Actually I heard it was the Swedes (or was it Norwegians?) who have a dozen words for different types of snow. Which seems logical enough to be true--after all, a skier might just as easily have a dozen words for different kinds of snow--because they might be useful in communication.
I don't think it's much use comparing Inuktitut to English in terms of vocabulary as one has a very limited geographical and cultural range while the other is a major international language that has hoovered up vocabulary from around the planet for hundreds of years. I don't doubt that Inuktitut typically has far more ways of talking about snow than, say, Balinese, or that if you kidnapped a few volunteers from Bali and dumped them in Inuit lands that their language would soon acquire more ways of speaking about snow.
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In other news, why does everyone pick on the Whorfians so much? The whole Eskimo-snow thing just seems like a classic example of the careless amplification in the popular media of some originally sloppy scholarship. It's a straw man as far as validity of the Sapir-Whorf hypothesis is concerned, IMO.
True story Bilby, that happened to you? I often find myself explaining to people how Eskimo's (their term, I'm told Inuit is correct) don't really have hundreds of words for snow when English only has one. This is a gross misunderstanding of language, and really some sort of anthropological hoax perpetrated by the Whorfians.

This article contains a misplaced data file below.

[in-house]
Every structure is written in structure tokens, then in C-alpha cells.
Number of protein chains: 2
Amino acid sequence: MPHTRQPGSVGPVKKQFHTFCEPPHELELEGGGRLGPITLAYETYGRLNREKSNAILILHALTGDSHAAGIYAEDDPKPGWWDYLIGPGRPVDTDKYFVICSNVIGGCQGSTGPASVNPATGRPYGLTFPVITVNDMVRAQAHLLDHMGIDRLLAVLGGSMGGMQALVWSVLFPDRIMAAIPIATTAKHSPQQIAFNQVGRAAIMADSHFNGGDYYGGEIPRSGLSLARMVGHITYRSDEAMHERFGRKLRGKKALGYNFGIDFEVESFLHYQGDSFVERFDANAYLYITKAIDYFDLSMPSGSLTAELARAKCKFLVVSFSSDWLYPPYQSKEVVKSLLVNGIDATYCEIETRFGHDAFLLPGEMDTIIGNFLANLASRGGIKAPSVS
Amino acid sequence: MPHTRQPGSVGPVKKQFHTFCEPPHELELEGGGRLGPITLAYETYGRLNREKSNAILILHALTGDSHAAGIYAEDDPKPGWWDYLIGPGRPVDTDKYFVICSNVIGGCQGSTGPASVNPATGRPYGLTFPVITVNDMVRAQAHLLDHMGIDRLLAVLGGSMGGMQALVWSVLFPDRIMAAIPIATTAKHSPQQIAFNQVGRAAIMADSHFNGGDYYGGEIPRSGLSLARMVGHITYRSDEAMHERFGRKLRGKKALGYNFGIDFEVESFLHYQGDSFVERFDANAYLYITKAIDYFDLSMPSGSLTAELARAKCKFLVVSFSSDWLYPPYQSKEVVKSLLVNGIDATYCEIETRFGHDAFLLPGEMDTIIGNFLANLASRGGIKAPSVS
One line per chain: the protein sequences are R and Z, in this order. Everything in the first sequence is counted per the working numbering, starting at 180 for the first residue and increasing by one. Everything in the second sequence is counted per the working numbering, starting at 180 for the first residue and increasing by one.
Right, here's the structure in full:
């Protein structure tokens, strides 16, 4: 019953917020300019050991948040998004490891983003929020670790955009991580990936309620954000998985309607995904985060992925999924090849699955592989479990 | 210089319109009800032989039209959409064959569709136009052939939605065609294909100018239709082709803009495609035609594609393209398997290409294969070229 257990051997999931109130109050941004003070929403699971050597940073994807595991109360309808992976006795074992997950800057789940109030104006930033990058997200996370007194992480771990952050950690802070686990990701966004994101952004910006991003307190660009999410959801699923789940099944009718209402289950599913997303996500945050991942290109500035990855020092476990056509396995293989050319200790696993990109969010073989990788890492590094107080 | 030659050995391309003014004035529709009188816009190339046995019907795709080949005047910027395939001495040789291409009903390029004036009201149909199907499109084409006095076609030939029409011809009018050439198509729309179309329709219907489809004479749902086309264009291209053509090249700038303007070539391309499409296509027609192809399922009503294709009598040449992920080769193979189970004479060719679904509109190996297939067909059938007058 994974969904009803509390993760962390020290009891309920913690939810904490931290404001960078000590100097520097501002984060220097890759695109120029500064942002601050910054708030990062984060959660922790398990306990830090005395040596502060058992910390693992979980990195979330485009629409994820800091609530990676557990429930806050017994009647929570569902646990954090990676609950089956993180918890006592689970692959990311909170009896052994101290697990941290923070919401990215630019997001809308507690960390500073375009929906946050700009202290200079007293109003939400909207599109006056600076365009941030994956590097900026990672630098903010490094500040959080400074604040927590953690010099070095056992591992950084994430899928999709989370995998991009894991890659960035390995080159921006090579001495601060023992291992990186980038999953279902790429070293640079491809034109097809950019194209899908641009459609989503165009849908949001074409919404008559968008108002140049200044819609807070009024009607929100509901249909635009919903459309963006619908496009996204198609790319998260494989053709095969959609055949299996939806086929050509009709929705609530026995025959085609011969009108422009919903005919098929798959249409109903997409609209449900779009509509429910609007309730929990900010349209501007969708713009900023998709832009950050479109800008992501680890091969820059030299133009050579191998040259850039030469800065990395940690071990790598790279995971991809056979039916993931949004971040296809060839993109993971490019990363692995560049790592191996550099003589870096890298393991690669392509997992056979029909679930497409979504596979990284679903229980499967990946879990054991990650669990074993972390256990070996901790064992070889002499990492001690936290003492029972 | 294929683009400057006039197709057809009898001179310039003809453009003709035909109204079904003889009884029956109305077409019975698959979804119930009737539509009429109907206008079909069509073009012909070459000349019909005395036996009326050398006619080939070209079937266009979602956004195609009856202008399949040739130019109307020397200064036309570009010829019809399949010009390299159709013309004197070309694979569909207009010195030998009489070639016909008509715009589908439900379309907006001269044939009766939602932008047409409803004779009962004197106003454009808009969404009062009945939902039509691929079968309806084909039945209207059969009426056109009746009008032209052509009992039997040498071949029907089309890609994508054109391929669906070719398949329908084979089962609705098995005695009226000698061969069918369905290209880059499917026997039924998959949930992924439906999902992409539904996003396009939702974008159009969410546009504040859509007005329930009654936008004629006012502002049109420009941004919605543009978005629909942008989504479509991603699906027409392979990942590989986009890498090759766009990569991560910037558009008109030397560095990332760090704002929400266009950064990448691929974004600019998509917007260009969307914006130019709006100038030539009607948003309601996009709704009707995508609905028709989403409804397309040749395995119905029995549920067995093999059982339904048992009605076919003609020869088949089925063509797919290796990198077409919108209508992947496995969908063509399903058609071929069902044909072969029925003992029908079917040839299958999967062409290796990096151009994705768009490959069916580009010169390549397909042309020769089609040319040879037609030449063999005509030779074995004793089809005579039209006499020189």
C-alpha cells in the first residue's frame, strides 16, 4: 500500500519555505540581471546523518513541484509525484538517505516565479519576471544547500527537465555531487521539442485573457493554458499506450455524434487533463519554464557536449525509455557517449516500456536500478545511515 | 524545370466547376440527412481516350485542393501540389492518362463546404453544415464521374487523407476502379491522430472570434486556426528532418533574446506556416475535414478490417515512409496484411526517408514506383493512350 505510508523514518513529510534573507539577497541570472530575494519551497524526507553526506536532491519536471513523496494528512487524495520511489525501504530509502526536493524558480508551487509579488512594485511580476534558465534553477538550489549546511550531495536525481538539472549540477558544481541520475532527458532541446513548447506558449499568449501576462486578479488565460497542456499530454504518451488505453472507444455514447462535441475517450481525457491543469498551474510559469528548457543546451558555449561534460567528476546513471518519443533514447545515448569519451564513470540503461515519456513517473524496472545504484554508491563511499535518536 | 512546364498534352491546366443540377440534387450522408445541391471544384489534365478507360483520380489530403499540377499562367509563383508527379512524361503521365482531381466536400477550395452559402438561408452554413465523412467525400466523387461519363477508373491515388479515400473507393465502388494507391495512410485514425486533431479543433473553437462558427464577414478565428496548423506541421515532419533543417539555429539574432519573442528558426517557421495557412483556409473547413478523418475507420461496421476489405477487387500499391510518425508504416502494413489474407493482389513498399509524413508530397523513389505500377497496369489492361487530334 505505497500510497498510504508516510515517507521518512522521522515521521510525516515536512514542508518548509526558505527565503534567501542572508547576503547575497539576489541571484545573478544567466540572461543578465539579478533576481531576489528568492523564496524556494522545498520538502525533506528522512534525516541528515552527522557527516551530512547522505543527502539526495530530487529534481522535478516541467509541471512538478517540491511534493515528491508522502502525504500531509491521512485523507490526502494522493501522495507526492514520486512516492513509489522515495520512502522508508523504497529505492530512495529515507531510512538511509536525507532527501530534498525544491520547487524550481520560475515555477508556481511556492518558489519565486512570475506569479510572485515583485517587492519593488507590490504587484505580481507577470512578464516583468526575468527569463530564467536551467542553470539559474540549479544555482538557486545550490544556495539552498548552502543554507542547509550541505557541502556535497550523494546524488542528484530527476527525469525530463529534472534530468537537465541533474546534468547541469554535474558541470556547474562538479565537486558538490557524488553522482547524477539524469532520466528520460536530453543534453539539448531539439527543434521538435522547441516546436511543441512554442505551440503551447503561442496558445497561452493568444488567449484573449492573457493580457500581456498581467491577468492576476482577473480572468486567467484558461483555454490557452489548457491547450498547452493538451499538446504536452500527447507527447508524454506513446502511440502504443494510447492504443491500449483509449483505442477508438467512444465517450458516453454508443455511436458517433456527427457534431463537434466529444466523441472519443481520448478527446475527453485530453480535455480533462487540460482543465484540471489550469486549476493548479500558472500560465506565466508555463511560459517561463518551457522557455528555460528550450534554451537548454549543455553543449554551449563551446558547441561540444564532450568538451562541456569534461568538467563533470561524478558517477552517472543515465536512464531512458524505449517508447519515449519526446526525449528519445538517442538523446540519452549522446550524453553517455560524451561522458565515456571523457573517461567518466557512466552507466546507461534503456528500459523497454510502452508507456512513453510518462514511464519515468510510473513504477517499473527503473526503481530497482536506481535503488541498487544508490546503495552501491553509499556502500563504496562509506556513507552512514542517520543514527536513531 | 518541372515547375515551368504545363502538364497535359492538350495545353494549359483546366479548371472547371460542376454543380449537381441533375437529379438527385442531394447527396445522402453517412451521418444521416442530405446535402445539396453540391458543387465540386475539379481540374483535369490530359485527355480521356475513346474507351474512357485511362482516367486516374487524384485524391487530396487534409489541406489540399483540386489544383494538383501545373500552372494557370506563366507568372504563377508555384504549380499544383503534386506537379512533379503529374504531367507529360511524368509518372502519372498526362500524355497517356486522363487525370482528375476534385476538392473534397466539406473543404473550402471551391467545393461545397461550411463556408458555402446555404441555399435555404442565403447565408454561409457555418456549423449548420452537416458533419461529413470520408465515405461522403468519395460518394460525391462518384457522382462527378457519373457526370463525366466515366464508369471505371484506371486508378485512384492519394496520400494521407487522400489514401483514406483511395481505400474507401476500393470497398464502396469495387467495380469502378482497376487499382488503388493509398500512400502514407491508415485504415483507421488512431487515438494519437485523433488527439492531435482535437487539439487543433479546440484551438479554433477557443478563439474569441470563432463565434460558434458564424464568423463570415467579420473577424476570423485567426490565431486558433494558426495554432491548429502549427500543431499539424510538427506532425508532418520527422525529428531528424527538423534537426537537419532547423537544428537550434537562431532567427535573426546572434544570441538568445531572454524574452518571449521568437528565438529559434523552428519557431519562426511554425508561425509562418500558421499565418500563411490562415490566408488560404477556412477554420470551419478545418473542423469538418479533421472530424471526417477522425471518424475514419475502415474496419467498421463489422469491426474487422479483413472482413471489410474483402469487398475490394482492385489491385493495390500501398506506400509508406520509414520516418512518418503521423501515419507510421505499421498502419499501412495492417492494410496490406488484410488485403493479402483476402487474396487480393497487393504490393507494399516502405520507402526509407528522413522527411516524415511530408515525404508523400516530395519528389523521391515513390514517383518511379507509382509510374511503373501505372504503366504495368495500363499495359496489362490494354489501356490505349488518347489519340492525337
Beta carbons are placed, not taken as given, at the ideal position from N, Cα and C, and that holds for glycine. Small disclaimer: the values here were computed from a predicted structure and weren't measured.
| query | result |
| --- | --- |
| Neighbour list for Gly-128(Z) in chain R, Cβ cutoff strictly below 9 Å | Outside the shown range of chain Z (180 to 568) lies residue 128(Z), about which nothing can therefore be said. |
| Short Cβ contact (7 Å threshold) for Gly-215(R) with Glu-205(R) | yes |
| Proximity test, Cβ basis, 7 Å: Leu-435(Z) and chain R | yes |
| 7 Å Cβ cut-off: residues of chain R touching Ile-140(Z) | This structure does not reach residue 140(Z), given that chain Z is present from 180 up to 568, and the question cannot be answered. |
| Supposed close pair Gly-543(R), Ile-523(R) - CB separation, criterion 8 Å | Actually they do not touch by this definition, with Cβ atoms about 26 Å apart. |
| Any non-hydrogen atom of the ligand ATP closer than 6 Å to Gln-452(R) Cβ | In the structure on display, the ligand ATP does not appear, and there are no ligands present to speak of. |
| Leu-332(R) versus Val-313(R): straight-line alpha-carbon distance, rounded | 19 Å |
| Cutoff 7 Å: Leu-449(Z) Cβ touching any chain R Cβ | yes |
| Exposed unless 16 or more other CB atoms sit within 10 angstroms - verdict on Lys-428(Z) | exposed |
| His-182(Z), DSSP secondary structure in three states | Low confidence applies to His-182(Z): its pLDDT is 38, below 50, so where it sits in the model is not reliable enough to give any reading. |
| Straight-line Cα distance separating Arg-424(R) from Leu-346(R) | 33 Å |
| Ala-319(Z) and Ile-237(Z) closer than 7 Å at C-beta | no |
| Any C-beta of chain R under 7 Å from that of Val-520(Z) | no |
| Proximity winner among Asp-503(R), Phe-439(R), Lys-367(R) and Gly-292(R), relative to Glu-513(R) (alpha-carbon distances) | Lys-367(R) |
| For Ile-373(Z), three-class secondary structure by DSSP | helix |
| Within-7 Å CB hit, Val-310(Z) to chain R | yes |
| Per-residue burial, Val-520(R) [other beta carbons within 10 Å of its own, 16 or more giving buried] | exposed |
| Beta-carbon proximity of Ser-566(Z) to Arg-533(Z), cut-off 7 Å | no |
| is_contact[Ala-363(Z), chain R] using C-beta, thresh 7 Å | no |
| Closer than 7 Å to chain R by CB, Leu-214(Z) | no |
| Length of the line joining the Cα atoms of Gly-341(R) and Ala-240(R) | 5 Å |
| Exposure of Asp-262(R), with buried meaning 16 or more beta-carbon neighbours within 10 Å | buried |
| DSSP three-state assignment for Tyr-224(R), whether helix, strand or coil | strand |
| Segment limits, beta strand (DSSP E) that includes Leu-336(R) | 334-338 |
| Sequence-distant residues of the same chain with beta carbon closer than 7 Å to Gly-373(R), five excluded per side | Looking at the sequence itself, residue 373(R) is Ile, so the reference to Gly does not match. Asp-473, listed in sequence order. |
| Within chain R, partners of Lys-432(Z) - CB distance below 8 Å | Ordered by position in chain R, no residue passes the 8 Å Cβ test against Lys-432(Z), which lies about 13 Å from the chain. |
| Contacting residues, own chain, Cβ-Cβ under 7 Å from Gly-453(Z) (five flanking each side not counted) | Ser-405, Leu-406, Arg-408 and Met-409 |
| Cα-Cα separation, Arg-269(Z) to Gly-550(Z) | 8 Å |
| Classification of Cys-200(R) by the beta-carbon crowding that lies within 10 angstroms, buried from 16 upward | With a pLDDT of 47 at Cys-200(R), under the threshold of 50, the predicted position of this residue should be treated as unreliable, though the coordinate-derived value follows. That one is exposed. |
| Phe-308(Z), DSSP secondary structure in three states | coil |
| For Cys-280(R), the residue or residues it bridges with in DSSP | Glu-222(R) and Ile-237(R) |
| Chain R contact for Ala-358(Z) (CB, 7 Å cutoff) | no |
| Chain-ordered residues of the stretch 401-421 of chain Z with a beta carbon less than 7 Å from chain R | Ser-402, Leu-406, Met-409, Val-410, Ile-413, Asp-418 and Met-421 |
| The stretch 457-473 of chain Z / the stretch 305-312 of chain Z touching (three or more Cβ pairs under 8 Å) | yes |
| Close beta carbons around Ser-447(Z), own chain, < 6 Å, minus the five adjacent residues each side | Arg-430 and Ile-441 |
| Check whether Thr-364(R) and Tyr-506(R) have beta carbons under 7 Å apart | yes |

I was once called upon to justify a language that supposedly had only 6,000 words. Firstly I said that was a lousy estimate; not having counted exhaustively means there might be far words than that. Secondly I mentioned the grammar. Most headwords can take any number of suffixes and so the 6,000 words are in theory able to multiplied several times. I then attempted to outline the 'cockatoo principle'. Let's say that in the real world there are two birds. In Language X for argument's sake they are called flommit and garrbet; in English they are called black cockatoo and white cockatoo. So, language X requires 2 words to describe the birds while English requires 3. Should we say that English is more sophisticated, or simply inefficient? The real answer is that Language X sees the world in a different way to English and that less or more words is not the issue. This wasn't convincing enough for Fred. He had to re-write the Language Policy and he needed something more. Something local, something relevant. "Alright then," I said. "I'll give you pegleg." "What?" he replied. "A walkie-talkie. Actually Pegleg was the callsign of a radio-operator during the war. The locals heard it so often that they thought it was the name of the portable radio he held in has hand. So, pegleg. It's beautiful. It has the same the kind of reduplication as walkie-talkie, or even a cliche of the airwaves like may-day. They didn't invent this word, Fred, but they made it a citizen and crowned it with glory. It defines the concepts of their world and their history. There is no other word that can do even half as good a job. If you don't let them keep their pegleg you might as well rip their hearts out." Fred wrote a very good language policy in which provision was made to preserve the local language, even at the expense of English in the early years of primary school. The missing leg is still there.